The Indonesian military submarine that went missing off Bali with 53 people on board has sunk, officials said on Saturday.
“With authentic evidence believed to be from the KRI Nanggala, we have raised the status from ‘sub missing’ to ‘sub sunk,'” said Navy chief Yudo Margono, citing retrieved debris from the vessel.
The revelations, made at a news conference, came hours after the submarine was estimated to have run out of oxygen reserves.
What did officials reveal?
- The recovery of debris indicates that some sort of pressure may have sunk the vessel.
- The objects found include a bottle of lubricant to grease the periscope and a device that protects a torpedo and could not have come from another vessel.
- Scanners detected the submarine to be some 850 meters (2,789 feet) underwater, well beyond its survivable limits.
- There is no hope of finding survivors among the 53 crew members aboard.
How did the submarine go missing?
The vessel went missing on Wednesday while conducting a torpedo drill. The cause of the disappearance is still uncertain.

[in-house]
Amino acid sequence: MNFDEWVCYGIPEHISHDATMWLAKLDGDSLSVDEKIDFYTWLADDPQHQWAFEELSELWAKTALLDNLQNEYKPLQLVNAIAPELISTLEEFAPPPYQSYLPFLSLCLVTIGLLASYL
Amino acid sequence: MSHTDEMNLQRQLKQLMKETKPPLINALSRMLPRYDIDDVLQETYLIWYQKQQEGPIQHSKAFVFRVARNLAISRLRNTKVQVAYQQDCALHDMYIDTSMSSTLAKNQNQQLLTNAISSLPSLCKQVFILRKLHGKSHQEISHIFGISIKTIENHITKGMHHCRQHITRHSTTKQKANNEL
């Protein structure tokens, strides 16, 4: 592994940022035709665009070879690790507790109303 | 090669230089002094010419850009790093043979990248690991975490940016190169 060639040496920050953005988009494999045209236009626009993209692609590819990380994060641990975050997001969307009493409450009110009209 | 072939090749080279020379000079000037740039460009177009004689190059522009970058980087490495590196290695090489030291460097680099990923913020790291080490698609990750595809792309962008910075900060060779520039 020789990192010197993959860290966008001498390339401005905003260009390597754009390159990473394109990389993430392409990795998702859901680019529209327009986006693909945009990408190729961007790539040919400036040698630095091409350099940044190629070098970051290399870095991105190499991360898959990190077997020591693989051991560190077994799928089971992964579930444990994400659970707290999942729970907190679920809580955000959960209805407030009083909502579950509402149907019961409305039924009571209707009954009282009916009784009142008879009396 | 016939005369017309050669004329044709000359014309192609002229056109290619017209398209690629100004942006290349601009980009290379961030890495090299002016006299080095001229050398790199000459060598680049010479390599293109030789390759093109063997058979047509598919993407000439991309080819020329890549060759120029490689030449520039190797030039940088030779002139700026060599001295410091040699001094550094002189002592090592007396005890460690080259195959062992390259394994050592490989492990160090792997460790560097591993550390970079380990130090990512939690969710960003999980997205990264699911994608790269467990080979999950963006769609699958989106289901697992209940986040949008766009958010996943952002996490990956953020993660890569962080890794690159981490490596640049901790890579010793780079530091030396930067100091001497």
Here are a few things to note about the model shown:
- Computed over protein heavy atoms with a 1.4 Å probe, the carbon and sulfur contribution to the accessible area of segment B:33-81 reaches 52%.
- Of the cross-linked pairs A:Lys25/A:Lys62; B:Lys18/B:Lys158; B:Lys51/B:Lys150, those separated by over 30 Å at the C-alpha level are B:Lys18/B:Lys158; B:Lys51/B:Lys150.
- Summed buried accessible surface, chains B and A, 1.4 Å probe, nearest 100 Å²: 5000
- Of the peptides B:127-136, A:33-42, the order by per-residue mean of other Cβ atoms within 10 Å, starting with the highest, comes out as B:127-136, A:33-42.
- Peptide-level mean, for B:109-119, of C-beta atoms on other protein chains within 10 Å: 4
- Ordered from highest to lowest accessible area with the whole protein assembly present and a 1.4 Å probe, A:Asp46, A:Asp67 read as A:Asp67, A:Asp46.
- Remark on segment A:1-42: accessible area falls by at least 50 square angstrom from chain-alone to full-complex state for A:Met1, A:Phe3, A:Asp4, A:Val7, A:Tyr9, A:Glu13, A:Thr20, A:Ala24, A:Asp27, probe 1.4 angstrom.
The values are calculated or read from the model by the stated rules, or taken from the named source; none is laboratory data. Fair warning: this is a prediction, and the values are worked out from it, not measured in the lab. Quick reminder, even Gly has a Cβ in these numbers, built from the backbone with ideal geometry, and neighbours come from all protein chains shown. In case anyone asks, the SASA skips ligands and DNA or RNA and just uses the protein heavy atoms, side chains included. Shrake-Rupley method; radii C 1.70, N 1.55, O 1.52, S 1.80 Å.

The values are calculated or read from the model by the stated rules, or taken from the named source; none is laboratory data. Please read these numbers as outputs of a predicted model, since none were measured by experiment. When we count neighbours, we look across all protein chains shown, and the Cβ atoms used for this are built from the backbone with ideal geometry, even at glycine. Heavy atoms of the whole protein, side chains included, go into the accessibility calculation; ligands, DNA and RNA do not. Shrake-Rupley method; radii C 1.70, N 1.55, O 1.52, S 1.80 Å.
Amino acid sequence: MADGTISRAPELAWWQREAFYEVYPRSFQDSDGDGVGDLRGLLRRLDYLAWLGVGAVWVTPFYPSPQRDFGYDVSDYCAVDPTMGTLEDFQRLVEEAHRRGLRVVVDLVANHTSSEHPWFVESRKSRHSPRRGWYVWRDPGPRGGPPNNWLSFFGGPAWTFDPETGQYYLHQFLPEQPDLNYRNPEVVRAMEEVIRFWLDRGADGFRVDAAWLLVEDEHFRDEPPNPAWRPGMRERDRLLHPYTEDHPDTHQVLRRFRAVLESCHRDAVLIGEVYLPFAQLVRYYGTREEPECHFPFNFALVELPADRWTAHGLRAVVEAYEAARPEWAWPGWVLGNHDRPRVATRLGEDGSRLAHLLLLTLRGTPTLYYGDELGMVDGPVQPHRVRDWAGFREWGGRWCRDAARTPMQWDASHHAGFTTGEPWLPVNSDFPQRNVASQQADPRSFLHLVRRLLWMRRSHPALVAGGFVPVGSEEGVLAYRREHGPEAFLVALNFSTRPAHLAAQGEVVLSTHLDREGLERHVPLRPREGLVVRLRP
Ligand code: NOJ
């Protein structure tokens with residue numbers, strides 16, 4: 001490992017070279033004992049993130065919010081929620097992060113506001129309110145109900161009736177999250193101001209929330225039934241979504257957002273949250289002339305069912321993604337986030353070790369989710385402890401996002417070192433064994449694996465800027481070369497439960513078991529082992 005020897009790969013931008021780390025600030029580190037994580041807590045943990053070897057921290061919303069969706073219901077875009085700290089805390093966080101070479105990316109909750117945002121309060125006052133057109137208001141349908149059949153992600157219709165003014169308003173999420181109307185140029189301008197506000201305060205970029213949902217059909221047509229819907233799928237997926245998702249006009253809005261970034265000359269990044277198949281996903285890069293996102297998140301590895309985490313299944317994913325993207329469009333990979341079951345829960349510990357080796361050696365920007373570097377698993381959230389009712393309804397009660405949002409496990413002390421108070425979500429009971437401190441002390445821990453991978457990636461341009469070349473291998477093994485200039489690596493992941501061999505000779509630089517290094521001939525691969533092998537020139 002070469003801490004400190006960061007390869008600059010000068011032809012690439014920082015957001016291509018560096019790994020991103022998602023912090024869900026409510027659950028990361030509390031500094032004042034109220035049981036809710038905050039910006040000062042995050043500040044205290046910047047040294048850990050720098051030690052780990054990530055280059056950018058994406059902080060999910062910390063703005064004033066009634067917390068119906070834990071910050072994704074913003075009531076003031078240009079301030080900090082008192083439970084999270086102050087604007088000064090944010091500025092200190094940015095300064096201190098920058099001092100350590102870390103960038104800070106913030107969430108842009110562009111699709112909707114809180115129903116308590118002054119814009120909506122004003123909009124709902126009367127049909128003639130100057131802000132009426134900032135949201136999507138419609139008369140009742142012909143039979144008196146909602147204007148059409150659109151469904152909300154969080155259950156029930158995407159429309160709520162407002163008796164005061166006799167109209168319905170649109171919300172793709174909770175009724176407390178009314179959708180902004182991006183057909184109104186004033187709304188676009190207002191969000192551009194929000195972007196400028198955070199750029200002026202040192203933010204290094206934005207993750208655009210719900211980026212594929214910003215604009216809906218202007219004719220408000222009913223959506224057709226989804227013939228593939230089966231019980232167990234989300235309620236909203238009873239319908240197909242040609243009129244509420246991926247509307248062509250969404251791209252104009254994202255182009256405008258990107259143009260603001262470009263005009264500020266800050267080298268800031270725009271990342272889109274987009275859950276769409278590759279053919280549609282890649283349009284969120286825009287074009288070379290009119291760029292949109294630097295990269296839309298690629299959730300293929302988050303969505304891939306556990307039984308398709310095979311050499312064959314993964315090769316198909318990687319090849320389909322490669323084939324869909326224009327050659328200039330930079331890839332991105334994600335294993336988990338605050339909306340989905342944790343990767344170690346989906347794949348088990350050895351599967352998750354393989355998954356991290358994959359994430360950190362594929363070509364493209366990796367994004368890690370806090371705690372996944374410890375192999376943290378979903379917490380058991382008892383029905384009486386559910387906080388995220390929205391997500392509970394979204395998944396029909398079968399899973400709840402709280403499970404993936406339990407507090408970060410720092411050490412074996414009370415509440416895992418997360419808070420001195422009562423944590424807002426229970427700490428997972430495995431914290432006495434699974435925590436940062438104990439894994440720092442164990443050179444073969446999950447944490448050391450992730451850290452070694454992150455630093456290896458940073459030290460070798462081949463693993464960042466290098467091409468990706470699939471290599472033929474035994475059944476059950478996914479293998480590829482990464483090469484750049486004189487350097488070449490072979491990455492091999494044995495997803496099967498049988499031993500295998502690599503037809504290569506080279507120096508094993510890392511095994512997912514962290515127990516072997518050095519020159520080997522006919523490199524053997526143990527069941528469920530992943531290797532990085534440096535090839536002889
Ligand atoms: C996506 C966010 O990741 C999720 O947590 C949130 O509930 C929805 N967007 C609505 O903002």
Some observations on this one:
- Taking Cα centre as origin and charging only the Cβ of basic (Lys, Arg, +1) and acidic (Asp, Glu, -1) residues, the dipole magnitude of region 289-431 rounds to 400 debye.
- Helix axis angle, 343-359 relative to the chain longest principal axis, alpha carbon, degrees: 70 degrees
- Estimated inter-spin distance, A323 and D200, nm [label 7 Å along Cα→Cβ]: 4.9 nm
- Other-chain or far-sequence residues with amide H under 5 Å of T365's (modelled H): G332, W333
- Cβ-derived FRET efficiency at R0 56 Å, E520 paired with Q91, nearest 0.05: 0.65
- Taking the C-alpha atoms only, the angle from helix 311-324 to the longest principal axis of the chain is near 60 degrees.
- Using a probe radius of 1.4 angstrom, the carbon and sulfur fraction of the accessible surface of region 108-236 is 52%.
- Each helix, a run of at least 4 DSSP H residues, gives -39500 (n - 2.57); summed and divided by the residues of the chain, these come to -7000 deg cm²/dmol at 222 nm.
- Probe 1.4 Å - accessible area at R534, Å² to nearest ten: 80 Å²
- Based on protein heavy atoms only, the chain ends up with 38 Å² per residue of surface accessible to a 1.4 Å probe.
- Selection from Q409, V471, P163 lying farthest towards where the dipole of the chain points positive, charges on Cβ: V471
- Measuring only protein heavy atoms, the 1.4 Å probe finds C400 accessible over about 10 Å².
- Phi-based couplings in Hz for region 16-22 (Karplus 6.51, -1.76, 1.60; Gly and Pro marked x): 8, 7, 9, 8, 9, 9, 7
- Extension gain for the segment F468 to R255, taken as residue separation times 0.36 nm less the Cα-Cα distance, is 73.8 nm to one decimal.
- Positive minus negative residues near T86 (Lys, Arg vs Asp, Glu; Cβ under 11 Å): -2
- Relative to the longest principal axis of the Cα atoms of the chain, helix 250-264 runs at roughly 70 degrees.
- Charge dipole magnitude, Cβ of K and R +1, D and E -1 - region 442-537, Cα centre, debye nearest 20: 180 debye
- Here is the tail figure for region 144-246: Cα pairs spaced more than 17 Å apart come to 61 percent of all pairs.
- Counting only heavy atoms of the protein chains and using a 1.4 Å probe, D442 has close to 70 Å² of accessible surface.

In an earlier statement, the Navy said that a possible scenario was an electrical blackout that caused sailors to lose control of the vessel.
An oil spill was later discovered near the submarine’s last known position. But there was no conclusive evidence of a possible fuel leak.
On Thursday, the submarine was announced to be as deep as 700 meters (2,300 feet) underwater, raising concerns that it could have broken apart.
Critics have slammed the government for sending out the 44-year-old submarine on drills. The Navy said the German-made vessel was “ready for battle.”
How extensive were the search efforts?
Indonesia’s President Joko Widodo had ordered all-out efforts to locate the vessel and asked Indonesians to pray for the crew’s safe return.
The operations focused on an area near the starting position of its last dive.
Australia, India, Malaysia, Singapore and the United States sent specialized ships and aircraft to aid the search.
A US P-8 Poseidon aircraft landed early Saturday and was set to join the search, along with a sonar-equipped Australian warship, four Indonesian aircraft and 20 ships.
Singaporean and Indian rescue ships were also expected later Saturday, and Malaysian vessels were due to arrive Sunday to bolster the underwater hunt.
fb/mm(AFP, AP, dpa, Reuters)